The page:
Our readers had a lot of great suggestions for free VPN apps for Android over at MakeUseOf Answers, and I’m here to put some of those to the test. VPNs can be useful for a whole host of reasons, but their main benefits are that they keep your data private even over a public WiFi connection (which are surprisingly easy to exploit) and they allow you to access region-blocked content (although there are other ways to do that).
There are plenty of great VPN options for PCs and Mac, but there is a surprisingly diverse array of options for Android users as well. My favorites include Hotspot Shield VPN, TunnelBear VPN, Hideninja VPN, and Hideman VPN. Today, I’ll be looking at three aspects of these Android apps: speed, user interface, and value. Because what good is a VPN service if it’s slow, ugly, and expensive? Let’s jump right in.
I’ve be tested all of the VPN apps’ download and upload speeds with the Speedtest.net app. I tested the free versions of these apps, but most of these have an upgrade version that gets you better download speeds. I ran three tests for each and put the average below. I also noted my home WiFi speed without any VPN as a control test.
Download: 30.21 Mbps
Upload: 11.37 Mbps
Download: 2.45 Mbps
Upload: 4.75 Mbps
Download: 1.85 Mbps
Upload: 2.26 Mbps
Download: 1.21 Mbps
Upload: 2.85 Mbps
Download: 2.21 Mbps
Upload: 2.86 Mbps
Winner: Hotspot Shield. Hotspot Shield narrowly edged out Hideman for the best download speed, but it had upload speeds of 4.75Mbps that the others didn’t even come close to.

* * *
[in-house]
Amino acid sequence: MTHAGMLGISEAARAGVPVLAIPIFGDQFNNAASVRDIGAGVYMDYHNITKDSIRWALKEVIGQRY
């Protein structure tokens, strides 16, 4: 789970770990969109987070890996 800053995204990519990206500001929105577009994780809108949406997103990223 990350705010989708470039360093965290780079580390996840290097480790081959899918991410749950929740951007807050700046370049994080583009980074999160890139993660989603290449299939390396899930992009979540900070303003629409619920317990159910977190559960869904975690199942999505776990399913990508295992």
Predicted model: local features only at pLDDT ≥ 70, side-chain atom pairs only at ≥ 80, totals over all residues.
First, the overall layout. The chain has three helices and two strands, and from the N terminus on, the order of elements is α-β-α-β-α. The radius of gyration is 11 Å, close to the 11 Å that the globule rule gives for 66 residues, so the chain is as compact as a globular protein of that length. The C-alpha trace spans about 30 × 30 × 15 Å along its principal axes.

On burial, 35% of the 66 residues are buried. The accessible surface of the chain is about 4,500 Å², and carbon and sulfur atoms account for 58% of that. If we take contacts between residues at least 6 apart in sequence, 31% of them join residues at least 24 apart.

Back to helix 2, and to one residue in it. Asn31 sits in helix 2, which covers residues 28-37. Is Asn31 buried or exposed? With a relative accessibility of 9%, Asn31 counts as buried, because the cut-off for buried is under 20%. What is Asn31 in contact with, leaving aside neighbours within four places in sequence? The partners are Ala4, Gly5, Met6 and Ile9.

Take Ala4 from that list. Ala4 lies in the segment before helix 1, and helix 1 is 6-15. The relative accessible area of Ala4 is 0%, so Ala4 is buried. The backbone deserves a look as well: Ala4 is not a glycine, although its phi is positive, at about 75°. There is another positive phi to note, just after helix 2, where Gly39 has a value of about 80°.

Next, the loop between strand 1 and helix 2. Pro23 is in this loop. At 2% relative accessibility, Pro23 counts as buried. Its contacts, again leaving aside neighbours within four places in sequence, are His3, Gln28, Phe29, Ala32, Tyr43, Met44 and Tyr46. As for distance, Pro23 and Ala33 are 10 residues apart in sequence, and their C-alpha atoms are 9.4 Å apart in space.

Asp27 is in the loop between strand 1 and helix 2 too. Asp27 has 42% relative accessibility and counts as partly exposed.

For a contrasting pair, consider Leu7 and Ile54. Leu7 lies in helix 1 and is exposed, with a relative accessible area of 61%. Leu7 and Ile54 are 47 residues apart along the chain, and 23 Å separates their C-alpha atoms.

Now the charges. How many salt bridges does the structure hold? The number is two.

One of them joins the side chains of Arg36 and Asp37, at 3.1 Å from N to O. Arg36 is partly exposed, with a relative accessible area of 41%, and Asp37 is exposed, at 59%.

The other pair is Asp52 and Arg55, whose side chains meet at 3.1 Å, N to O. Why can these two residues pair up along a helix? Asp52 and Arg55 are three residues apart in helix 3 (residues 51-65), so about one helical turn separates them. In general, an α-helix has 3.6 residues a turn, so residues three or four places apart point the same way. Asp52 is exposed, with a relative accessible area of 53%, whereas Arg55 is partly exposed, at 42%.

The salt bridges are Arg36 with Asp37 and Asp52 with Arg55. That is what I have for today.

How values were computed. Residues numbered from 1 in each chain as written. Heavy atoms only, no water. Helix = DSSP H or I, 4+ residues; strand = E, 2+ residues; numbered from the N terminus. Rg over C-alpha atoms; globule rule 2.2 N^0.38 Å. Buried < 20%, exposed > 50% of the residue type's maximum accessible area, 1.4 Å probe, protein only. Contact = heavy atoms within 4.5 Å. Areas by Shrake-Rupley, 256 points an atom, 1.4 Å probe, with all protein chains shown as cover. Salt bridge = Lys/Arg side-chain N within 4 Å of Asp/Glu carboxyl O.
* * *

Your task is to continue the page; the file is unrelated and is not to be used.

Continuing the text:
It doesn’t get much simpler than the Hotspot Shield Android app. When you open it up, you get three options in a list: connect, upgrade, and share. There’s an options button in the top right with a few options like the ability to enter a code to activate your account across multiple devices and the ability to have the app start on boot. It looks nice and does what it needs to do. The downside of this simplicity is that you don’t get to choose what country’s server you connect to, but if you want to connect to the US, then you’re set because that seems to be where it connects every time.
TunnelBear gets a little skeuomorphic, which might throw you off if you are used to modern Android styling. There are two knobs in the top left which you can tap to turn the VPN on or off and to switch the country you’re connected to. The top right is your remaining balance of data along with an options button, but most of the screen is filled with an animated bear who crouches down when you tap it. There’s also an upgrade button and a running stream of tweets about TunnelBear at the bottom.
Hideninja‘s design is very clean and modern. A little ninja sits at the top of the app and you can swipe between three pages: location, connection, and settings. There is an options button, but the options just redirect you to one of those pages. It’s gorgeous and easy to use.
Hideman also has a very well-styled app. The little Hideman sits in the top left with an option button on the top right. There’s a timer for how much connection time you have left and a button to add more; take note, however, that my timer started as soon as I opened the app, not when I actually connected to the VPN service. The timer continues to run in the background, even when I’m not connected. It also shows your location, the location you want to connect to, and a giant connect button. Under the options button, you get options for support, selecting a country, settings, and purchasing more hours or a monthly plan.